ABA Banking Journal - January 2010 - (Page 2)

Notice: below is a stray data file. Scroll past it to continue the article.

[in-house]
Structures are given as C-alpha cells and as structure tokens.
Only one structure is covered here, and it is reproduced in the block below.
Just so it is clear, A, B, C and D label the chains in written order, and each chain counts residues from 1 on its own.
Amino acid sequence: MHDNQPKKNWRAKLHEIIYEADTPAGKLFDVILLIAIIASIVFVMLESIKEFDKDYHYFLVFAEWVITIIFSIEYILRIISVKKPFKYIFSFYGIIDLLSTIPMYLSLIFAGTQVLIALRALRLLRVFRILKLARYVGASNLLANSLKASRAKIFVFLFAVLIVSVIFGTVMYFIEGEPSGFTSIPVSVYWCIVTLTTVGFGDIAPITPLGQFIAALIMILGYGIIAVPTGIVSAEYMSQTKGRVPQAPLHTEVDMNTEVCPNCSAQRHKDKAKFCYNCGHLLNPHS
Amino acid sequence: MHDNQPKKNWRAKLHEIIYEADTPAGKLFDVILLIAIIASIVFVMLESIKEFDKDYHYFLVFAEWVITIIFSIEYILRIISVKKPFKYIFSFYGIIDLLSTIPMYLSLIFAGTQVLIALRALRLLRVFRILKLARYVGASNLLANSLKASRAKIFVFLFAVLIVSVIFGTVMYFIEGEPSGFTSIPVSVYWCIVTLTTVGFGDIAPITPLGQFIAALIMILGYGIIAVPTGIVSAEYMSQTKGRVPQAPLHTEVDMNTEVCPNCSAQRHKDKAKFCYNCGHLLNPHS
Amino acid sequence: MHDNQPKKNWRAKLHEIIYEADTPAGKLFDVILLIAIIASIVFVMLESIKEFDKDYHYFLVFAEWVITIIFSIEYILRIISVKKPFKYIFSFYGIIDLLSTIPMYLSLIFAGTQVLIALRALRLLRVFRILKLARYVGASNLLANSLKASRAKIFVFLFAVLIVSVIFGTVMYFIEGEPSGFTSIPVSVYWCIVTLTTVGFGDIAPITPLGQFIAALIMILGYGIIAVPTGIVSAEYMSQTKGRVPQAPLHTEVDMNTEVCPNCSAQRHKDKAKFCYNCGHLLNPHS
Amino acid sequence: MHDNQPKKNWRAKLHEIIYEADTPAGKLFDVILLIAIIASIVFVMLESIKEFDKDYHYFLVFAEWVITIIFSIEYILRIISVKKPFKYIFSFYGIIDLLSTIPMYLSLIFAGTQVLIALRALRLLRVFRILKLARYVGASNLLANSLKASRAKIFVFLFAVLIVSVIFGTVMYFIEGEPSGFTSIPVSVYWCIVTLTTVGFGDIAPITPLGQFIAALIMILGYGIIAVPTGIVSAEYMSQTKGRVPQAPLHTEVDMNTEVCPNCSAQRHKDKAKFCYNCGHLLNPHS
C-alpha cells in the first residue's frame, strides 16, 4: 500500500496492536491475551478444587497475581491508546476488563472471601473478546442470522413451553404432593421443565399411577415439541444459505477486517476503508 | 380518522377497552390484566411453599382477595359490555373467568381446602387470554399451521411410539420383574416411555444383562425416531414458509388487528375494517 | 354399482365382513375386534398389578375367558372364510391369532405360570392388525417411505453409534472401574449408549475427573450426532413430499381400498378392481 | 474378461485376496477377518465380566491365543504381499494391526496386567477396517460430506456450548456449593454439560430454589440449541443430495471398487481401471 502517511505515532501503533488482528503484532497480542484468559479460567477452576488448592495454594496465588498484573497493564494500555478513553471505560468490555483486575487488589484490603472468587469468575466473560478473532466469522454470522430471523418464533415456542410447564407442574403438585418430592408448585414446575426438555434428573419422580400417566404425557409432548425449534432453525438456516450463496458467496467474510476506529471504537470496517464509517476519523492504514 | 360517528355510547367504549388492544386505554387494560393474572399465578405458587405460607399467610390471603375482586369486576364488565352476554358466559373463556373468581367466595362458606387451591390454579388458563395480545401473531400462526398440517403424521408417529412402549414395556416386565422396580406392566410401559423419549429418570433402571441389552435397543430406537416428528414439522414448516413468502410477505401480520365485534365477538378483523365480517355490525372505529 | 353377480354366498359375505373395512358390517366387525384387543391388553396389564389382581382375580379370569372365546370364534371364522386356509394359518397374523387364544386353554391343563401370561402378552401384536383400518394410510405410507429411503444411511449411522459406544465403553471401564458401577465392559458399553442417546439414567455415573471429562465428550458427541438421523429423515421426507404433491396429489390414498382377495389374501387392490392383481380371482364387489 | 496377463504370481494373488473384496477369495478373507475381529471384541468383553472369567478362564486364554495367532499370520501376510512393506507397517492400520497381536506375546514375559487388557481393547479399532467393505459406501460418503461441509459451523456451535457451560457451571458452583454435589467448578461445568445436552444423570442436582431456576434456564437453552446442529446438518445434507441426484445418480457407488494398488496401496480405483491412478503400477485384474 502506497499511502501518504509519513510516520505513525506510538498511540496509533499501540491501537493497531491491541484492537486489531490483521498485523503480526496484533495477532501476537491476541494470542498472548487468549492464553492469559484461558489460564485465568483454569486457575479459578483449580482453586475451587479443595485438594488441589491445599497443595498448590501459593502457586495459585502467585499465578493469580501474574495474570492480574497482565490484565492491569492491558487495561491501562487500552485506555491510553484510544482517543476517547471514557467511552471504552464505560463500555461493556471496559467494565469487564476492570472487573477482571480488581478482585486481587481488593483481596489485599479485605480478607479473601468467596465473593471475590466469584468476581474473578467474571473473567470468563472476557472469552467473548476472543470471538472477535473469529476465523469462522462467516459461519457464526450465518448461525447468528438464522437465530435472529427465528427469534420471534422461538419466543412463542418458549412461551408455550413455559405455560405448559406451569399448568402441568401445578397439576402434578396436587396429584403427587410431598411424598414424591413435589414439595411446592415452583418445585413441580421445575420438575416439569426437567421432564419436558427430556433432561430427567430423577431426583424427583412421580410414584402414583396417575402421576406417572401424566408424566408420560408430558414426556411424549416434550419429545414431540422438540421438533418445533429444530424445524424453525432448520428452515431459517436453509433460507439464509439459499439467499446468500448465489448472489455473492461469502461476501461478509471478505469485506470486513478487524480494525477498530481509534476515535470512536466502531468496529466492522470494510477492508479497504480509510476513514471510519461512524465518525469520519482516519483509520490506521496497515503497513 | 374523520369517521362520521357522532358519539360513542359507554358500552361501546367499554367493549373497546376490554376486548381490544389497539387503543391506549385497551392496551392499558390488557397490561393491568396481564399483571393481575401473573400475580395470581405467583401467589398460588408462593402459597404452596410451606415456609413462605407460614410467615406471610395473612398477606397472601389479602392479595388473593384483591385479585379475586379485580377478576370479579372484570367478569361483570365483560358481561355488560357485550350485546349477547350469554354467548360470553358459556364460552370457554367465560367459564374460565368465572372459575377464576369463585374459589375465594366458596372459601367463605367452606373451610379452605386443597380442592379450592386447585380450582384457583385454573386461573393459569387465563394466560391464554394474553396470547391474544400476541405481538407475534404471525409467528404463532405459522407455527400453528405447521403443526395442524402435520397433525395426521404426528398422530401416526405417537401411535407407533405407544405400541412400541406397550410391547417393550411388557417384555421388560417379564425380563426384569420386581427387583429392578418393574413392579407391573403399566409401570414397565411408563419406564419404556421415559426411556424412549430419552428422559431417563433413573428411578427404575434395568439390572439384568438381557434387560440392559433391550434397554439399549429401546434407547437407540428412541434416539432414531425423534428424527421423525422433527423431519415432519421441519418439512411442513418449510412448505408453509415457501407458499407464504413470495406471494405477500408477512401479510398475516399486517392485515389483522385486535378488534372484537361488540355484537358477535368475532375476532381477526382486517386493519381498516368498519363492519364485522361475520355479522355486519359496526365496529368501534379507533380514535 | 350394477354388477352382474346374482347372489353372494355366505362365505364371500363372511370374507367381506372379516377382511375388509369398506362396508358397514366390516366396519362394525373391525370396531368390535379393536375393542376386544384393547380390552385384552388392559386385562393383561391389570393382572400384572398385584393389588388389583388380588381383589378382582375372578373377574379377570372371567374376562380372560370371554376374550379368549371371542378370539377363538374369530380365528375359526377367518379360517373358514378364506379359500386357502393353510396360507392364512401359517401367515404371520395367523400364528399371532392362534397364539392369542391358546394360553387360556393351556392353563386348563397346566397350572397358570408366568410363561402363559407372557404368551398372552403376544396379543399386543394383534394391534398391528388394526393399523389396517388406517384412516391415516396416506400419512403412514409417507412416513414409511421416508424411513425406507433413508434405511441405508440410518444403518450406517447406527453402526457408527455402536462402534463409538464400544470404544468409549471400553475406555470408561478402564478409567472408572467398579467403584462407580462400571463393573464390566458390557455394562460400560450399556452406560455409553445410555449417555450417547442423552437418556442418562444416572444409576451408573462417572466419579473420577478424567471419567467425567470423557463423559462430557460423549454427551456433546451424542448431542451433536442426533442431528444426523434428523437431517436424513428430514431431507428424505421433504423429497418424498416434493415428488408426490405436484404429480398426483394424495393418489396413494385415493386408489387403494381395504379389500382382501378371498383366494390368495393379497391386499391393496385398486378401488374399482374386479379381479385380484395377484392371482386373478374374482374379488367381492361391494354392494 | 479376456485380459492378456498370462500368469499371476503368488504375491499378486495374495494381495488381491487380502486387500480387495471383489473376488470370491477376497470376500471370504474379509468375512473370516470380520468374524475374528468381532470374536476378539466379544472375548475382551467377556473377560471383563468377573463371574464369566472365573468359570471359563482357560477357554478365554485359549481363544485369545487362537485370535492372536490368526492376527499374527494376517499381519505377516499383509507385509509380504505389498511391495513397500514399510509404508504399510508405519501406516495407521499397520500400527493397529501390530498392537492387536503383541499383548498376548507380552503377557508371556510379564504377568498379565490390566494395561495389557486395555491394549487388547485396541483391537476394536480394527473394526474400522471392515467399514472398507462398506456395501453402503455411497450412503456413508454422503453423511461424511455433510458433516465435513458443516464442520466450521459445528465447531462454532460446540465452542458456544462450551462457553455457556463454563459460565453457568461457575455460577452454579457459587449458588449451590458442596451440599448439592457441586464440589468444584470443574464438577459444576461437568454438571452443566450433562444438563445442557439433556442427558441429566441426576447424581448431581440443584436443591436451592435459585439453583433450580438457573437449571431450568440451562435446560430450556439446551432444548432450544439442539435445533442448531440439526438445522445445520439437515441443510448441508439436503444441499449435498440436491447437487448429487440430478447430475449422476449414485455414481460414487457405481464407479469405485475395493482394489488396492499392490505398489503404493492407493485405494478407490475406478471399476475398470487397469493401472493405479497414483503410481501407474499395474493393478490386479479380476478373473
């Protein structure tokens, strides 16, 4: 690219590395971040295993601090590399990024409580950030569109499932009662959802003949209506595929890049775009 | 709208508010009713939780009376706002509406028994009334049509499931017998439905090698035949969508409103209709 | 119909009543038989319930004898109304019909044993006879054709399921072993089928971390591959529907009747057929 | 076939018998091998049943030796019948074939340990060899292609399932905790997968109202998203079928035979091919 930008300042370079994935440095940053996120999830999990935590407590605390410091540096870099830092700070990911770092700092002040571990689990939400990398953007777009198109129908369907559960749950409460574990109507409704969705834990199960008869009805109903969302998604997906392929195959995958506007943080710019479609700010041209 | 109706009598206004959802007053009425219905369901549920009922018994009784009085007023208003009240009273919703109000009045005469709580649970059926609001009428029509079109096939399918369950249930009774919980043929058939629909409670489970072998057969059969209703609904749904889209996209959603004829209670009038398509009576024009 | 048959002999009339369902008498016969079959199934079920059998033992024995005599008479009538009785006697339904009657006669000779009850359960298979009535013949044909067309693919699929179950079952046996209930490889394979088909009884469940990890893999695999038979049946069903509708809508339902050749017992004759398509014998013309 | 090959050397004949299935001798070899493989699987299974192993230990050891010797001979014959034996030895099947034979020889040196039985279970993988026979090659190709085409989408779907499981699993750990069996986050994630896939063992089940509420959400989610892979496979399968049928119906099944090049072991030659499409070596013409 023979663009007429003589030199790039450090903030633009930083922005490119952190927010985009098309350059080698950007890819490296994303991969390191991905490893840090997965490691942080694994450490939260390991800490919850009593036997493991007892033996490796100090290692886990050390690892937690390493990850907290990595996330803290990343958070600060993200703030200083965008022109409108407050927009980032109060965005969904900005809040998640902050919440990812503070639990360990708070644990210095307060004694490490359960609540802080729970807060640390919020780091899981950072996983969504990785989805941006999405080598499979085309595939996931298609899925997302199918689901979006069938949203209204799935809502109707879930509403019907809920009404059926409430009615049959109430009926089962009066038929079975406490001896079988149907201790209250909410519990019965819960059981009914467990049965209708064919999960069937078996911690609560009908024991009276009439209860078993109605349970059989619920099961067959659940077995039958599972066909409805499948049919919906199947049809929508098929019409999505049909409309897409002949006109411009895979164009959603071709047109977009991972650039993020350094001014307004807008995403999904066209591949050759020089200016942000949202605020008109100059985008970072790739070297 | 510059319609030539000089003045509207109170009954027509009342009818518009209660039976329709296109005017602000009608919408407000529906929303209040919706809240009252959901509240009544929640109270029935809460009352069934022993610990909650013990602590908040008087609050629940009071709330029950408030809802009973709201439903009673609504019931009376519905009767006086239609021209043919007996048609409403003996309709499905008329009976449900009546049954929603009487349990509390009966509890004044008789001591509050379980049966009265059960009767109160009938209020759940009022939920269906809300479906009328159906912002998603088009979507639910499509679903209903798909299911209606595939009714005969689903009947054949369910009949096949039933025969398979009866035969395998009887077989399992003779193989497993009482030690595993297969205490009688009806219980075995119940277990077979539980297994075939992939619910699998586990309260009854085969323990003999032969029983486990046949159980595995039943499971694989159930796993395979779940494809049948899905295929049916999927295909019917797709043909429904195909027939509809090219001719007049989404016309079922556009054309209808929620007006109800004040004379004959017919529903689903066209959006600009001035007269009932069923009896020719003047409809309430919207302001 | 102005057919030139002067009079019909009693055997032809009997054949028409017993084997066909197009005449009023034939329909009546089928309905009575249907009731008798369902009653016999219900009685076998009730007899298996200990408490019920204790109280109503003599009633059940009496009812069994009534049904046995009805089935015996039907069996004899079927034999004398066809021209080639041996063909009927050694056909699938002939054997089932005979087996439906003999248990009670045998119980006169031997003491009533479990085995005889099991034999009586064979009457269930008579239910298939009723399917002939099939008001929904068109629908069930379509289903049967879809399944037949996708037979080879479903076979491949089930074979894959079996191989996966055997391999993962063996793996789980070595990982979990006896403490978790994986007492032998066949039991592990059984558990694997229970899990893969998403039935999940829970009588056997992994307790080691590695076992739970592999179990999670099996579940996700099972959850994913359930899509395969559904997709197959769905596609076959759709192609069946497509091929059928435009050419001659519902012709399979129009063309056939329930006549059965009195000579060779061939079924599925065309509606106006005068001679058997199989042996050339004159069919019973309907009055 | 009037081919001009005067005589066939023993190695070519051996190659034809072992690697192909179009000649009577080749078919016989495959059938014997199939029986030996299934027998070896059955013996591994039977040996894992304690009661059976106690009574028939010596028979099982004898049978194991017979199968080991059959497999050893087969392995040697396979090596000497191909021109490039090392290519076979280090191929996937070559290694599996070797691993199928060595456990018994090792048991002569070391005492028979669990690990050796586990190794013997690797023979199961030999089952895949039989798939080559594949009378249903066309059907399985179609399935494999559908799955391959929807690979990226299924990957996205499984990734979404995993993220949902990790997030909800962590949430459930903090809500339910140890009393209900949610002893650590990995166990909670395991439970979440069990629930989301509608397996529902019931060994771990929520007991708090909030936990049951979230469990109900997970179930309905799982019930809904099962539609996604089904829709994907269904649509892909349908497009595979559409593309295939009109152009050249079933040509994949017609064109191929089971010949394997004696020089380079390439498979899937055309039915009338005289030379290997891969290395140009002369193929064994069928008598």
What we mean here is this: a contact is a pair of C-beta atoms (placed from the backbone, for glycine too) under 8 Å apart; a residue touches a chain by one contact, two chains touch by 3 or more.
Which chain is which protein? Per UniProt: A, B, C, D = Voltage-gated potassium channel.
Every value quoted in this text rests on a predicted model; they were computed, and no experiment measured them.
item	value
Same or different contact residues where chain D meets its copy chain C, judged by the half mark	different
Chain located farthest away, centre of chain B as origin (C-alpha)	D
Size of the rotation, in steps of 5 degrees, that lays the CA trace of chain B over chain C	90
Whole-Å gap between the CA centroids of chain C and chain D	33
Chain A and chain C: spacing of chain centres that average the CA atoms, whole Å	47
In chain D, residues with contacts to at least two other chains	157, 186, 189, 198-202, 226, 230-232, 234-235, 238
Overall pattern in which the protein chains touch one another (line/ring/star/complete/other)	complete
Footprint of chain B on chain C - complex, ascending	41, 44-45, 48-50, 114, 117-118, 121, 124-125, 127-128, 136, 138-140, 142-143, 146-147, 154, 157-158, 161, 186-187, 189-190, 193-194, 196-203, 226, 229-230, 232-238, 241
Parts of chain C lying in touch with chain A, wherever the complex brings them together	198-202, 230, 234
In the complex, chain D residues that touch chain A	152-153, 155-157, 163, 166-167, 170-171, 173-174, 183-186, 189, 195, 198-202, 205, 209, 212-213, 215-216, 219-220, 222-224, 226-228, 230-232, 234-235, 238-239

editor’s Column William W. Streeter firstname.lastname@example.org editor-in-Chief BankingJournal USPS-544-030 JanUary 2010, Vol. CII, no.1 Editorial and Executive Offices: 345 Hudson Street, New York, N.Y. 10014-7115 Phone: (212) 620-7210 Fax: (212) 633-1165 Subscriptions: (800) 895-4389 E-mail: email@example.com Internet: http://www.ababj.com Published monthly for the American Bankers Association by Simmons-Boardman Publishing Corp. and copyrighted 2010 by ABA; Edward L. Yingling, President, 1120 Connecticut Ave., N.W.,Washington, D.C. 20036, (202) 663-5000. Title registered in U.S. Patent Office. With the exception of official Association announcements, the American Bankers Association disclaims responsibility for opinions expressed and statements made in articles or advertisements published in ABA Banking Journal. As the second half begins For more than a year the banking industry has faced the risk that its very future would be hijacked by the political reaction to the events of 2007-8. that the reaction was coming was certain. that something was needed was clear. you can’t come to the brink of financial and economic meltdown and not need changes. aBa Ceo ed yingling predicted over a year ago that bankers would face an onslaught of reform legislation the likes of which had not been seen since the Great Depression. and that came to pass last June when the obama administration rolled out its massive proposal for financial regulatory reform. Seven months later, after 300,000 banker comment letters and emails, and hundreds of hours of testimony, and after countless late nights and seven-day workweeks for aBa government relations, communications, and other staff for whom a BlackBerry might as well have been surgically attached, we are just ending halftime of a most incredible contest—more of a marathon than a four-quarter game. as described in the cover story, beginning on page 14, passage of Barney Frank’s h.r. 4173, otherwise known as the “Wall Street reform and Consumer Protection act,” marked the end of the first half, or close to it. the huge bill differs in many ways from what the treasury envisioned last June—improved in many cases by the efforts of many bankers, state association executives, and the aBa staff. three of aBa’s government relations senior staff—Floyd Stoner, Wayne abernathy, and Bob Davis—sat down with aBa BJ last month, responding to questions about h.r. 4173, and the challenges that lie ahead. the three experienced Washington hands were a bit weary—who wouldn’t 2 january 2010/ABA BANKING JOURNAL be, after the year they’ve had?—but their insights were sharp, as you can read for yourself in the article. they cover in depth systemic risk and the serious threats to the Fed’s independence. also discussed is the Consumer Financial Protection agency proposal and the reasons aBa continues to oppose that measure, along with comments on the bill’s implications for securitization, fee income, reg burden, a separate thrift charter, and federal preemption. Further, the trio assesses prospects for companion legislation in the Senate. In early December the aBa Board adopted a set of Government relations Policy Positions for 2010. the document includes a special preamble entitled “the Key elements of traditional Banking.” It contains five points including the role of banks in economic growth; the need to seek improvement in regulatory programs to curtail inappropriate practices within the industry and particularly among nonbank competitors; and the need to end the too big to fail doctrine, which “unfairly benefits large institutions over smaller ones and encourages excessive risk-taking,” according to the document. you can read the preamble and the aBa action priorities on aba. com, under the “Government relations” tab at the top of the home page. aBa staff will once again need the full support of all bankers this year to ensure an outcome that will enhance and improve the industry’s position, and not hinder or unnecessarily burden an industry that is vital to the recovery and growth of the economy. you rose to the occasion in the first half; don’t sit out the second, when the contest will be decided. Editor-in-Chief Executive Editor Art Director Associate Art Director W illiam W. Streeter firstname.lastname@example.org S teve Cocheo email@example.com W endy Williams firstname.lastname@example.org P hilip Desiere email@example.com A ndrea Rovira firstname.lastname@example.org Ed Blount Nancy Castiglione Mark Kruhm Edward L. Yingling Virginia Dean Mary Conyers-Brown email@example.com Maureen Cooney firstname.lastname@example.org Robert DeMarco Senior Vice President email@example.com Editorial Assistant Contributing Editors Leslie T. Callaway Lucy Griffin Advisory Committee Jeffrey S. 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